And encourage the host to invite their neighbours: you won't have to worry about noise complaints, and house concerts are a great way to meet them – something we should all be doing. Many neighbourhoods have a person who keeps track of residents' contact info (for the annual block party, etc.) or has started a Facebook group. Find out who that local hub person is, or be them yourself! Another idea is to simply put a flyer in each mailbox on your block.

Whether printed or electronic, make your invitations informal, yet clear about time, place, money, and how you hope folks will participate. This can be as simple as saying, "we'll share our ideas and experiences about gardening" or "after the performance, we'll pass the hat for voluntary donations to the artist." You may also want to specify whether kids are welcome.

I rarely request RSVP's for my own house events. Unless I'm including a nice dinner and really need to know how many to cook for, too many participants is a problem I'd like to have. There's always room to squeeze in a few more. On the other hand, RSVP's can help you know if too few are coming, and you need to shift into high gear with the promotion!

setting up

Perhaps the biggest lesson I've learned from House Culture is how much of a difference physical design makes at a gathering. The way you set up your space not only establishes the tone, but can have a strong influence on people's behaviour, helping them to relax, focus, come together, and participate. It's like a friendly, invisible hand that gently guides them without their realizing it, and without anyone telling them what to do.

Your main goal in setting up the space is to literally bring people together. Physical closeness maximizes the interactive synergy and warm-fuzzies that are the essence of House Culture. Some of my favourite house concerts have been for folks practically sitting on each other's laps, in rooms you'd never guess could fit so many. And I love looking around during an event to see people holding hands or even cuddling.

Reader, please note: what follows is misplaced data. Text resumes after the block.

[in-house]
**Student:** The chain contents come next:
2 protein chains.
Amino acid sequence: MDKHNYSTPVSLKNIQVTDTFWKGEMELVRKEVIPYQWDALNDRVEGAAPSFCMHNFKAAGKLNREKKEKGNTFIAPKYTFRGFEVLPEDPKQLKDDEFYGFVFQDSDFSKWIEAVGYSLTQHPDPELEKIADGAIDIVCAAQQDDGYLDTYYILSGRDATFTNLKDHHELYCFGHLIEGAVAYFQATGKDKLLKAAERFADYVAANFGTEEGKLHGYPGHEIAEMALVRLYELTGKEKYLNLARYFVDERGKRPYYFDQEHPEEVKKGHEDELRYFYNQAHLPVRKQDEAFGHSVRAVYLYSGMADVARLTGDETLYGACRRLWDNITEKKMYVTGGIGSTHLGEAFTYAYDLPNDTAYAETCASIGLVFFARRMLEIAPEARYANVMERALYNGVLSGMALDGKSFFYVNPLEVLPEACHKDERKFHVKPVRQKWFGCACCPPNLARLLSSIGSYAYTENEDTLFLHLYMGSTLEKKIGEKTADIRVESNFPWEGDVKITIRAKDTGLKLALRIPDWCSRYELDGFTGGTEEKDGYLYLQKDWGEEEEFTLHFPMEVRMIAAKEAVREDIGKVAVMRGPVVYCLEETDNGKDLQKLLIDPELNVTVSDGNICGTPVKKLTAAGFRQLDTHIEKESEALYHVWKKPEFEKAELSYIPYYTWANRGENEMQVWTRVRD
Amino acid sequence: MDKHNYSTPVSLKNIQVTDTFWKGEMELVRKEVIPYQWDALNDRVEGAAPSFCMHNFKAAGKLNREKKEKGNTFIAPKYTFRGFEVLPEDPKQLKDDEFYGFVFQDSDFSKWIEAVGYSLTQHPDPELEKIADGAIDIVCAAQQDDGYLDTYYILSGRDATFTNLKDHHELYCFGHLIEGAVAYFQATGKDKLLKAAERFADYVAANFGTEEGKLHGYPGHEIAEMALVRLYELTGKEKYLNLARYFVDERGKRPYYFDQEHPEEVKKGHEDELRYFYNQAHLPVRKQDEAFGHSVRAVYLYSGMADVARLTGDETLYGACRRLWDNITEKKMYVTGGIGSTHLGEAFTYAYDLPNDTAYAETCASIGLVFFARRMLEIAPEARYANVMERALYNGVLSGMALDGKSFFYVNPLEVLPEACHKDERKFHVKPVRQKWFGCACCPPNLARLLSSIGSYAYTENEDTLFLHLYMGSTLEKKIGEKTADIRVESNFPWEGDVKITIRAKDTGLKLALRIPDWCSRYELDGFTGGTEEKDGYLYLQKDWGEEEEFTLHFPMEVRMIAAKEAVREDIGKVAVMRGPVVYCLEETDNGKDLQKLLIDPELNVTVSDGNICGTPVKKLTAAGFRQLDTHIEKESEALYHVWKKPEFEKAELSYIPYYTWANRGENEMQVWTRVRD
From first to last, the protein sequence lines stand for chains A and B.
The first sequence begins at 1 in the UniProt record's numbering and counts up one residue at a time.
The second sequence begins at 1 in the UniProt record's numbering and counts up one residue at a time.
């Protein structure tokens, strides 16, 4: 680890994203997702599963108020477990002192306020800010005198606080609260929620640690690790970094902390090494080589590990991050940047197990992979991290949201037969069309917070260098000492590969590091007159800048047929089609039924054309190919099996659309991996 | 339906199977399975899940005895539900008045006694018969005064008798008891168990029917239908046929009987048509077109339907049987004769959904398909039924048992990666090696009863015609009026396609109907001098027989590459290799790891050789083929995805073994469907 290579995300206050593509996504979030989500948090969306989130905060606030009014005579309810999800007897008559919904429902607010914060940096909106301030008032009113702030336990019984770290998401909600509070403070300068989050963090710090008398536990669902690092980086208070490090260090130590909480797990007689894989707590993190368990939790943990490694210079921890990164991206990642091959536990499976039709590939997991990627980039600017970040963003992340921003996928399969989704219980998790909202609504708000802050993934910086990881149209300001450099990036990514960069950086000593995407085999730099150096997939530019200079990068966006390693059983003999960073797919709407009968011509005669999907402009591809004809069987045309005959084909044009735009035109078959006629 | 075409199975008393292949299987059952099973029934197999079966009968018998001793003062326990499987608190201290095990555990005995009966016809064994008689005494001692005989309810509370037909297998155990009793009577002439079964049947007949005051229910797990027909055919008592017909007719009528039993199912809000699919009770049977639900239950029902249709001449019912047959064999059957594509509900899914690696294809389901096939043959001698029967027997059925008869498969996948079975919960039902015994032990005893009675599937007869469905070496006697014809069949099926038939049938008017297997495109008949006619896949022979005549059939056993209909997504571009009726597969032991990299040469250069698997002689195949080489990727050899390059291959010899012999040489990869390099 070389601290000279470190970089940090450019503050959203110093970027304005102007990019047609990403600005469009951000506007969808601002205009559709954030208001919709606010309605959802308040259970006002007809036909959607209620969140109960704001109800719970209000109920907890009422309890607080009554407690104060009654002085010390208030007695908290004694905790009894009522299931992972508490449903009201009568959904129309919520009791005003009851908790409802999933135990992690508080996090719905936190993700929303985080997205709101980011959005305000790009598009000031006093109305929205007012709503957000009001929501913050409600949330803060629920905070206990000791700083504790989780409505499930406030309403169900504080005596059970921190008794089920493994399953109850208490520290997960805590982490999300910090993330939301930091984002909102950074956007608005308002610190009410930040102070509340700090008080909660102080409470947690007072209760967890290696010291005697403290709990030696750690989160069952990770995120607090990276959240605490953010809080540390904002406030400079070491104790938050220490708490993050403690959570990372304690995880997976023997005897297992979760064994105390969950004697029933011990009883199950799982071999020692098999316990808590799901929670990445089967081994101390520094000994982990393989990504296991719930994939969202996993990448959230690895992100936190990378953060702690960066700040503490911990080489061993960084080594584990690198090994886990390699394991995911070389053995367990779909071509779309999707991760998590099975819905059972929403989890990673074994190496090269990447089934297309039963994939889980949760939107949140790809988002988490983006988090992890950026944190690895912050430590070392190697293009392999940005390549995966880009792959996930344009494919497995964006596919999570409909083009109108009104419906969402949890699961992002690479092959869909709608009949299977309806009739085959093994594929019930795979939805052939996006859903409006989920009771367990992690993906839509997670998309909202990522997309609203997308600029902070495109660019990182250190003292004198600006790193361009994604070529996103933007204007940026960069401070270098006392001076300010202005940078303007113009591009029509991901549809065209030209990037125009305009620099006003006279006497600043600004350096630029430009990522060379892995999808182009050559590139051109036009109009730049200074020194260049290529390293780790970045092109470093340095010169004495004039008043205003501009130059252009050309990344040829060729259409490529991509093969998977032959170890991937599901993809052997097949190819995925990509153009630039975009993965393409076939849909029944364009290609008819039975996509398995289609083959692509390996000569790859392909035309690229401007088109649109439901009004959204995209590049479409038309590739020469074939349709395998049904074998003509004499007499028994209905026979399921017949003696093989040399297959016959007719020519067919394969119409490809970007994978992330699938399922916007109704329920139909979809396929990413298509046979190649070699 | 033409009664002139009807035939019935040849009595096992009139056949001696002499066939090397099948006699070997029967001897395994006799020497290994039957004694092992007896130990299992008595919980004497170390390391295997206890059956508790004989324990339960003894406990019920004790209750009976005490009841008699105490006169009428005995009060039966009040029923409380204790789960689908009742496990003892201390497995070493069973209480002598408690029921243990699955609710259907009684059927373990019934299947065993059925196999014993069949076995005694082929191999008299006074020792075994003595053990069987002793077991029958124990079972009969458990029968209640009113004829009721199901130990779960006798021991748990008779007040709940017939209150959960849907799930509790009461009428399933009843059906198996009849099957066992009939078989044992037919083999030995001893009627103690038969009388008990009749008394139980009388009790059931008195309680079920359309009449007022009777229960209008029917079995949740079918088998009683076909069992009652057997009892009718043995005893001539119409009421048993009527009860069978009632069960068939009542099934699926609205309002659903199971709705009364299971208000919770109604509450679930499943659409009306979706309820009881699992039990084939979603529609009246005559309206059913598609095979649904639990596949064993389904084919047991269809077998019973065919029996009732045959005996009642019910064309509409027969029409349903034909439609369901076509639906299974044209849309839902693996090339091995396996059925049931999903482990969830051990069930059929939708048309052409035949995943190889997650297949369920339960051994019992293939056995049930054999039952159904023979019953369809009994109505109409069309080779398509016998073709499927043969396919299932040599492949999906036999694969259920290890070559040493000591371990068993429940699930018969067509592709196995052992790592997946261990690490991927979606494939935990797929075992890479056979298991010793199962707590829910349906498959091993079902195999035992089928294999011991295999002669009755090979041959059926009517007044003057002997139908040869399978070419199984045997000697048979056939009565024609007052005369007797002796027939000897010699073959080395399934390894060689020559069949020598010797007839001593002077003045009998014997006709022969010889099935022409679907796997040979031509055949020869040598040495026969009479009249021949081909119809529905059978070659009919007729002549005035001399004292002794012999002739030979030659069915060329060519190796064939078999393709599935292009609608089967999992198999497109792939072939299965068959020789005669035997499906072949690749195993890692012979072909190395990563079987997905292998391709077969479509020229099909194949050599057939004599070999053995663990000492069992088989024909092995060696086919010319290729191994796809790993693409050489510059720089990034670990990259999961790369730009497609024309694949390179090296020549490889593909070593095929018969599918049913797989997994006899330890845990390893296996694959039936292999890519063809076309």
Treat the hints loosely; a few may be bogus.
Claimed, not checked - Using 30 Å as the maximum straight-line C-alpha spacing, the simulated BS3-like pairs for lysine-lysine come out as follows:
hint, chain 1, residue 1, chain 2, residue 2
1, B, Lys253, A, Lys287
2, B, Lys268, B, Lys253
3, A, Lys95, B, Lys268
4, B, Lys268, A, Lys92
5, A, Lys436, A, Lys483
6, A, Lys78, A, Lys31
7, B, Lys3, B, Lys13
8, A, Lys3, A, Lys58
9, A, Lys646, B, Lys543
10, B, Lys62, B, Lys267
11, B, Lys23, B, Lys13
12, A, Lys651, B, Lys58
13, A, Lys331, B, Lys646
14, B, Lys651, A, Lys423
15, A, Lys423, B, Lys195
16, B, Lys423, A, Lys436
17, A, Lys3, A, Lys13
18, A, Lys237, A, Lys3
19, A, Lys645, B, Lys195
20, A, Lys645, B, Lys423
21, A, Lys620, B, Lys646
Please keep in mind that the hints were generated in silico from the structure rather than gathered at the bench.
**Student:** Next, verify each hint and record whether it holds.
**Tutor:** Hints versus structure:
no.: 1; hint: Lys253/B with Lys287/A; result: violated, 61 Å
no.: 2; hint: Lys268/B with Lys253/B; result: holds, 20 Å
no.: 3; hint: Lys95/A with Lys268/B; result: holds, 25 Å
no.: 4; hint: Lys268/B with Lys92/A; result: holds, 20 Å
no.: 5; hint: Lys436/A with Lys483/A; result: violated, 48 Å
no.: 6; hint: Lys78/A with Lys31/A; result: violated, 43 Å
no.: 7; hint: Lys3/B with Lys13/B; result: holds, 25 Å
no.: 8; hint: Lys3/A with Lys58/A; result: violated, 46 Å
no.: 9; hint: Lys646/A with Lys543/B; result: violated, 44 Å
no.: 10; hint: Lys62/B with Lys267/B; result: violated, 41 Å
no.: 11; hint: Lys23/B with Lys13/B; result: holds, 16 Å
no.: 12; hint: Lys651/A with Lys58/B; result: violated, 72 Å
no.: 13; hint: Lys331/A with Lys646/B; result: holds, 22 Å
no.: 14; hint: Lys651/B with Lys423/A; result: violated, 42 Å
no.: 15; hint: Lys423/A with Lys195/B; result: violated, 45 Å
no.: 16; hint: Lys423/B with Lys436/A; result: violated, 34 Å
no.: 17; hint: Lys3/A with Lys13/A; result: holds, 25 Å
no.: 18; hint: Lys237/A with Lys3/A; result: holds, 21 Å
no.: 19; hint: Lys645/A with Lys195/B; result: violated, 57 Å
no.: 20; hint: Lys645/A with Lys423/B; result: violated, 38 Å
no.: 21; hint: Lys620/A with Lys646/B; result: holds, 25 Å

Don't worry about people not wanting closeness. They do want it; they are just shy. If you make it easy for them to spread out, they will, without even thinking. However, if your physical set-up naturally brings them together, then even if a few are a little uncomfortable at first, they'll be grateful in the end. 

So choose a space that is no bigger than the crowd you expect – not necessarily the largest room in the house. Or section off a space in a larger room. And put out only as much seating as you think you'll need. Remove, or cover up, any extra seating that's not right where the activity will be happening, or people will spread out away from it. You can always add seating later if you get more folks than expected.  

Avoid multiple rows, and anything that feels like a classroom. The ideal shape for your seating is a single, tight circle or semi-circle. This allows everyone to feel equal and see each other, and maximizes the possibilities for interaction. Try not to have anyone standing, because those people will feel separate and end up uncomfortable as the event goes on. 

If you expect more people than you have seats, make room in the centre for people to sit on the floor, ideally with pillows and a nice fluffy carpet, or even a mattress. If there must be multiple rows, space them just far enough for good leg room. Put the taller seating in back, and the more comfortable in front, to draw people closer to the action.  

If you are going to have a performance or presentation, then angle all the seats to face inward so no one has to twist their necks. If the room is rectangular, don't put the performer against a short wall, or it will feel like a classroom. Centre her in one of the long sides, and curve the seating around her. If your room is square, put the performer at the corner or wall that seems the best focus of attention, without distracting windows or artwork on it. After the presentation, if you're going to have a conversation, move the seating to close the circle for maximum interaction.

Use the comfiest seating you have, even if it means carrying couches and armchairs in from other rooms. Pillows and blankets can be a great touch, to encourage coziness and even snuggling. Once you've set up, try each seat to check for legroom, sight lines, and comfort. 

If you're serving food or drinks, set them up outside of the circle, against an opposite wall, or in a different room. Remove distractions like a big colourful poster on the wall behind your performer, or a coffee table and flower vase in the centre of the room. Very few if any tables are actually needed for drinks. Use curtains, doors, and shades to block out sights and sounds from outdoors, and contain the event's focus in a womb-like den. If there's a rear window behind your performer, turn off any outside lights.

If you're having a show, set up a little table where your artists can display any merchandise they want to sell. When I'm performing, I like this to be conspicuous, yet not right up front with me, or else it all starts to feel like a commercial. 

If you're concerned about kids disrupting the proceedings, set up a separate room or activity for them, and someone to be with them if necessary.